The University of KwaZulu-Natal (UKZN) was very well represented at the workshop by Professor Downs, Dr Combrink and Dr Warner, all of whom focused their presentations on the Nile crocodile here in KwaZulu-Natal (KZN). Professor Downs began with the current status of the Nile crocodile in KZN. From the findings and work done by her and fellow UKZN colleagues, management recommendations for the wild populations of KZN were also presented. Professor Downs strongly emphasised the fact that in conserving this species “one shoe does not fit all” and illustrated how different ecological and human pressures at different sites effected the individual animals and populations differently and that regular and detailed monitoring is key to protecting their numbers in the province.

Next Dr Combrink went further into detail on the crocodiles’ historical status in the province. The species was listed as vermin up until 1968 until the pioneering work of the late Tony Pooley, who was represented at the conference by his son Simon who continues to this day in his father’s footsteps, working more on dealing with the issues of living alongside wild crocodile populations. Dr Combrink explained how the vital work Tony did saved the crocodile in the province virtually from extinction and thus the work can still be seen and felt to this day. The wild population in the 1970’s was down to 350 individuals but rose to 1000 individuals by the mid-1990s. Looking into the future, Dr Combrink explained that major problems are continued degradation of crocodile habitat, invasive riparian vegetation, destruction of nest sites, continued poaching and by-catch in fishing gear. Dr Combrink did emphasis the excellent work done to date, and that there is light at the end of the tunnel though with new management approaches and the success of “market based” conservation showing neighbouring communities the major benefits in conserving healthy crocodile populations.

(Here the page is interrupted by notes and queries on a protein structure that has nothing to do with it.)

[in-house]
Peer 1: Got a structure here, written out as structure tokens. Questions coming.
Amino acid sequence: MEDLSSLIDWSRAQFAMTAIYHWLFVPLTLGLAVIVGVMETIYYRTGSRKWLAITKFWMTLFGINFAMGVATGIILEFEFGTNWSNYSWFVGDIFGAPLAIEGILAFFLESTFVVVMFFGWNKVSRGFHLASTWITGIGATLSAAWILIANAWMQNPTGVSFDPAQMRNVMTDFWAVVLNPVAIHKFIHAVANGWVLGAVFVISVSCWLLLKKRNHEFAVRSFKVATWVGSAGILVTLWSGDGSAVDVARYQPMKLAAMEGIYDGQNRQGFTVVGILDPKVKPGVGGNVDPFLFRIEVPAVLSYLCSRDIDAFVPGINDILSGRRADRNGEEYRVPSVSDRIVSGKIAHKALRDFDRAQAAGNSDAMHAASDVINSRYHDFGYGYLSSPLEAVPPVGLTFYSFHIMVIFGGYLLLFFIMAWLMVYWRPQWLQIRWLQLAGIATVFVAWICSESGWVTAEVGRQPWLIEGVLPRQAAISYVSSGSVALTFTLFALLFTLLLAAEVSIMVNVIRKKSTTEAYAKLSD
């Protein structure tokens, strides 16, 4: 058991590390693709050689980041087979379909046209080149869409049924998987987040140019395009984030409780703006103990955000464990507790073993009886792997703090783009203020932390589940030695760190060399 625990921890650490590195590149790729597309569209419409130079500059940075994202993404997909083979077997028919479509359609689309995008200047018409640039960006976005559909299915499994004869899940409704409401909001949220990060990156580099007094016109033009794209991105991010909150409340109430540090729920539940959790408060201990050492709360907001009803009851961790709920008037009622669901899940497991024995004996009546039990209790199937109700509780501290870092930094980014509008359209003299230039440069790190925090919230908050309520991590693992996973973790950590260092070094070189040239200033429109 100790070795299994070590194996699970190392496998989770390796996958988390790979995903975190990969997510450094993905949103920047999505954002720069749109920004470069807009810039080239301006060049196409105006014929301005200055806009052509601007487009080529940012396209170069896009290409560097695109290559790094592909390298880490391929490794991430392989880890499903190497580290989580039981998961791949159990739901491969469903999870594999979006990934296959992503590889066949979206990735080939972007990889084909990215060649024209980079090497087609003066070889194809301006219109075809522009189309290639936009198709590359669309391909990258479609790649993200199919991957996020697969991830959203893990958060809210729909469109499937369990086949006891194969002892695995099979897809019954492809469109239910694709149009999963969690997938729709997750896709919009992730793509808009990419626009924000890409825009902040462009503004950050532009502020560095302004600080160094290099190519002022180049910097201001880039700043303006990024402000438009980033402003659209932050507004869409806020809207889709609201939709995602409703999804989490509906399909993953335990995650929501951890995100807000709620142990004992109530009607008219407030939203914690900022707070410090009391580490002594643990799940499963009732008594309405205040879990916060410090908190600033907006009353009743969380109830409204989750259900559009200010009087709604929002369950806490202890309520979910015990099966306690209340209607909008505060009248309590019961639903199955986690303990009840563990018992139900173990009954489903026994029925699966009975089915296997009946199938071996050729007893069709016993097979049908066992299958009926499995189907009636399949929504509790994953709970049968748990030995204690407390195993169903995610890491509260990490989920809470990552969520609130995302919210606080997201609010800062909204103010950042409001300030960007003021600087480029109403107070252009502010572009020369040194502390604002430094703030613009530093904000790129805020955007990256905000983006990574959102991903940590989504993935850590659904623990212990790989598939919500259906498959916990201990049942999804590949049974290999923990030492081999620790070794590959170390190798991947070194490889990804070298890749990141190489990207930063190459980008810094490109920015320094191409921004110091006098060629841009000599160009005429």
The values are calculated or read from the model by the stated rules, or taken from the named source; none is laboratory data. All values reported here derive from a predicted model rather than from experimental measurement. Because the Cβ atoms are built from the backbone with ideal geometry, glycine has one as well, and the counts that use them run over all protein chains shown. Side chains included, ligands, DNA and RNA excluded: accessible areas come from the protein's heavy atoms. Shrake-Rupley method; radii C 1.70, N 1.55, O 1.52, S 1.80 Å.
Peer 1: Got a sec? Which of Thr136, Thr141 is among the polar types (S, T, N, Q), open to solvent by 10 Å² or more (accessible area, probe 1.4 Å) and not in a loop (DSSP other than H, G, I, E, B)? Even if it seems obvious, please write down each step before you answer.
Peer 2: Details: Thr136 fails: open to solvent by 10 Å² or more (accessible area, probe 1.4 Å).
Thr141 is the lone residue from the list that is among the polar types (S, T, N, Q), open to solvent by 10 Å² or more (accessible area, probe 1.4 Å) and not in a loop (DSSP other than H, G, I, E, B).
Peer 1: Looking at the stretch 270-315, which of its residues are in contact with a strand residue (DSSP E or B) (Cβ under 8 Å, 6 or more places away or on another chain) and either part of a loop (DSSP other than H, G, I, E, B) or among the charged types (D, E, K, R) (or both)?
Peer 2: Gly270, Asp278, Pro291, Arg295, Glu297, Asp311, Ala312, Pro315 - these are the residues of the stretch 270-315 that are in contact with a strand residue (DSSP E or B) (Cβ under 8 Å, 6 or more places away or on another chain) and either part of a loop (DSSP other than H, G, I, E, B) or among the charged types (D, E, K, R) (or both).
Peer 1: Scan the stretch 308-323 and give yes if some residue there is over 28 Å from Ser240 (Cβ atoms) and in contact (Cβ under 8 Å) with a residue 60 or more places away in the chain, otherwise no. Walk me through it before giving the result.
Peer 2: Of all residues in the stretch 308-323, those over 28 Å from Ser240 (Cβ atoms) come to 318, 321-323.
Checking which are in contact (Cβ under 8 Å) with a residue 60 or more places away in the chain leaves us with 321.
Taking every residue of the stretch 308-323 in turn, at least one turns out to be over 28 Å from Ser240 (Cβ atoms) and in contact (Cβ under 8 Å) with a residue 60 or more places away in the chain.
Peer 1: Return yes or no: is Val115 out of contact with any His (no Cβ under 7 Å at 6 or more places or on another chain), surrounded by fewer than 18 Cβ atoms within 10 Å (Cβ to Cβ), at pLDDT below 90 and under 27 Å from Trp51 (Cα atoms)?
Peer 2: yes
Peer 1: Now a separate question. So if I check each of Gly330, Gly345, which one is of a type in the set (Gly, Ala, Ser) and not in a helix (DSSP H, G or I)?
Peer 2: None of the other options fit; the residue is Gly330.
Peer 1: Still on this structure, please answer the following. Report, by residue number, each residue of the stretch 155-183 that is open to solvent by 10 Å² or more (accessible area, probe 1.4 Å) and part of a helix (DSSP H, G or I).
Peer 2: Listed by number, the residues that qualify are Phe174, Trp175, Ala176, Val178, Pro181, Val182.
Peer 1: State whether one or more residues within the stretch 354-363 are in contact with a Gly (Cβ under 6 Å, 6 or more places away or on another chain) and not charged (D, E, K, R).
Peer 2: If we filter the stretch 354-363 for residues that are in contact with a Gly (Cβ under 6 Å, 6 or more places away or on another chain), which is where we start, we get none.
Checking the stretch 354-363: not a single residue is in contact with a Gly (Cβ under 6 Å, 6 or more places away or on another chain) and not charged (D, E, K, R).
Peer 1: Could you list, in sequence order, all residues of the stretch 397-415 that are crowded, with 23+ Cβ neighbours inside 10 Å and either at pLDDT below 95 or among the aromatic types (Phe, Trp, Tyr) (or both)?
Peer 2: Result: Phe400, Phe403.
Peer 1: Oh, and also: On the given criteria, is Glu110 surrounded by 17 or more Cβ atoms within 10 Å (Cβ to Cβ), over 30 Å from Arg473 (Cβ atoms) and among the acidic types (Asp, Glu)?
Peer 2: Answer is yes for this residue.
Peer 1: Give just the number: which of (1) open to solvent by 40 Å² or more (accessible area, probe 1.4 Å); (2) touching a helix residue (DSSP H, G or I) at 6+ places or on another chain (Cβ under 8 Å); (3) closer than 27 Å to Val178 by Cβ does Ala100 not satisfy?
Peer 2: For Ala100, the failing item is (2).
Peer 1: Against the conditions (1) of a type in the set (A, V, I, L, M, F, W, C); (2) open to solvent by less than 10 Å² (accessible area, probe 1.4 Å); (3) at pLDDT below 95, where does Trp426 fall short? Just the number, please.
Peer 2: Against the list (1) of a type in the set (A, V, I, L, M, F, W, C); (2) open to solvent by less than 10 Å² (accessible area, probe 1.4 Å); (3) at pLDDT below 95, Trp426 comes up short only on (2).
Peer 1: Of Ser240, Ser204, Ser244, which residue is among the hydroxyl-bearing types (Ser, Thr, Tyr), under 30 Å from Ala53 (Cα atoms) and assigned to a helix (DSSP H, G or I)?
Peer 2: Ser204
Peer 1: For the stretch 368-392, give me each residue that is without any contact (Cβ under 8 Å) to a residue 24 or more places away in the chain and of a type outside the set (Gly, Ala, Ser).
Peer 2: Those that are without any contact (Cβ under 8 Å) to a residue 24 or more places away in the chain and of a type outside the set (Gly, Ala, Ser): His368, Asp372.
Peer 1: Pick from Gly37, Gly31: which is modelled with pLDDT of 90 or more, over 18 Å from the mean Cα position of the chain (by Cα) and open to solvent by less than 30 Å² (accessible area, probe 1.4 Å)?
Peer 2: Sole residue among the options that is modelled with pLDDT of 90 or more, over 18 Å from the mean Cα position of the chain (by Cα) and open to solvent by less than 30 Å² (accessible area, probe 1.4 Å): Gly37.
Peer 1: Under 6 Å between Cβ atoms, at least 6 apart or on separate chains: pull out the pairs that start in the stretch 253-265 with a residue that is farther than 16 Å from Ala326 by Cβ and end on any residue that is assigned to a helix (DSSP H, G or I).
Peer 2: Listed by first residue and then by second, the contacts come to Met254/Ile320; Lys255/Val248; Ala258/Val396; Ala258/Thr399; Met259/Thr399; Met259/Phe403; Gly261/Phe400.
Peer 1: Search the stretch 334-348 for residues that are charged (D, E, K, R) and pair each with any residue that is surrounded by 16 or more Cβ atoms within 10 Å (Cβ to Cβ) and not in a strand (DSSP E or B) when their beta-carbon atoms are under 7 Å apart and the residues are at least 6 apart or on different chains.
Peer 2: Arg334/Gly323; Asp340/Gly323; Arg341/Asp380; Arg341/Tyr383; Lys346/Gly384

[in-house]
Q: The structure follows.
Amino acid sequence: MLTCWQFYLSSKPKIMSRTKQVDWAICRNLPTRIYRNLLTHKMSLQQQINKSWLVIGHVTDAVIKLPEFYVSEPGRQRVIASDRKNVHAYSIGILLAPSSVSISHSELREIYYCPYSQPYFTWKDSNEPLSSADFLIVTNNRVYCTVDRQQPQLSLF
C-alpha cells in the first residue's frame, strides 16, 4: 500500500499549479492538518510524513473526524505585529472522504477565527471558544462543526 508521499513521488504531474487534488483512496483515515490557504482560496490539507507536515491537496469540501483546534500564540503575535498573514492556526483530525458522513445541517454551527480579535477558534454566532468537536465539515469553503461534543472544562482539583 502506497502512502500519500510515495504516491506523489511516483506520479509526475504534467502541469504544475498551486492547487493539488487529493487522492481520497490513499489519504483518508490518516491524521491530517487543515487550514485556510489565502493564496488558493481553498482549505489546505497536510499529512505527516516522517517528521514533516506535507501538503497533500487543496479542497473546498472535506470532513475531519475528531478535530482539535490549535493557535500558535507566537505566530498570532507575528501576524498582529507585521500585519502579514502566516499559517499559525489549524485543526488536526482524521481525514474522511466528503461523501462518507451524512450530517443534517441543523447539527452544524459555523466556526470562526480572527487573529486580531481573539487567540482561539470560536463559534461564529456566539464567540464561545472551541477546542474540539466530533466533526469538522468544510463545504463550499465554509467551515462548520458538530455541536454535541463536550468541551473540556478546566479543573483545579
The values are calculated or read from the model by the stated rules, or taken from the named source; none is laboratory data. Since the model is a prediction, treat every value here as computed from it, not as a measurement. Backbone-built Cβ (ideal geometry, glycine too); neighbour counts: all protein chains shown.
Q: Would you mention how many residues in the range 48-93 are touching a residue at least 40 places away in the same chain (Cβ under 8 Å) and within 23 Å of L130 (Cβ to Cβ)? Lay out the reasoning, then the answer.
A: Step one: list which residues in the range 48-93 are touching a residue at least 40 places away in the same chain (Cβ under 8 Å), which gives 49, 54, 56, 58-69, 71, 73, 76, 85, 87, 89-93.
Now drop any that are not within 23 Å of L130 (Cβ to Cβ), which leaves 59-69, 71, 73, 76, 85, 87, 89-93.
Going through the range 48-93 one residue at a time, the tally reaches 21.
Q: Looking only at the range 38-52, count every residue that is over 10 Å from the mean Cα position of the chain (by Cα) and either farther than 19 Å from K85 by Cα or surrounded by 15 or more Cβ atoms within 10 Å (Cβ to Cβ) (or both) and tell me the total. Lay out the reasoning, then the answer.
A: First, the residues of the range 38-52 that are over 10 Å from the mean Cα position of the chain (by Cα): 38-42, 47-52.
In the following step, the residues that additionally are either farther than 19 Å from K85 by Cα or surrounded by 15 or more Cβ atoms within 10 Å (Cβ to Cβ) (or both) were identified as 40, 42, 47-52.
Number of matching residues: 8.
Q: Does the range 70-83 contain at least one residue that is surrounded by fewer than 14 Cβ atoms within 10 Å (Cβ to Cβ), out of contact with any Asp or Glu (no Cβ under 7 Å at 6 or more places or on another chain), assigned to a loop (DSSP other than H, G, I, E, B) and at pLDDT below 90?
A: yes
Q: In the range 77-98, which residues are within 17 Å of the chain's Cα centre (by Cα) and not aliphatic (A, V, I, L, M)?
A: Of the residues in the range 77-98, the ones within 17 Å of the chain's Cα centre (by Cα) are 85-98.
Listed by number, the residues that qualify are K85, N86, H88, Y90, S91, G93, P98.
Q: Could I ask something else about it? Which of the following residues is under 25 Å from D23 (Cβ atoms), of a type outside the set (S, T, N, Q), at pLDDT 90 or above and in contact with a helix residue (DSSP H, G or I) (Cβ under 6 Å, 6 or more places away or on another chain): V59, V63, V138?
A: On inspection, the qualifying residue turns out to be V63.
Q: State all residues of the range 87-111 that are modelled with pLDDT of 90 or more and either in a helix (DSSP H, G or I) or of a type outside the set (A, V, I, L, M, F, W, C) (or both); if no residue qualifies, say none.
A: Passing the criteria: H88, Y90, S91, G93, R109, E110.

Although the CSG continues to excel in crocodile conservation major obstacles are always ahead for all 23 species. Above a Nile crocodile with a poachers snare deep in the animals neck, the animal was later humanely put down at Ndumo Game Reserve. (Photo by Cormac Price).
Although the CSG continues to excel in crocodile conservation major obstacles are always ahead for all 23 species. Above a Nile crocodile with a poachers snare deep in the animals neck, the animal was later humanely put down at Ndumo Game Reserve. (Photo by Cormac Price).

Dr Warner’s presentation on his research focused on the specific threat of blood lead concentrations in wild Nile crocodile populations in KZN. Dr Warner’s findings demonstrated a drastic difference in blood lead concentrations between females (8.5 micrograms/dL, SD=7.47) to males (98.10 mircograms/dL SD=217.42). Discussing this with Dr Warner, a possible explanation could be due to behaviour. With males being far less shy of boats and human areas where lead fishing gear is present. St Lucia animals had the highest blood lead concentrations and this has been attributed to the busy sport fishing industry at St Lucia. The animals seemed to have a high threshold to lead exposure but the exact health consequences on individuals or overall populations is yet to be seen.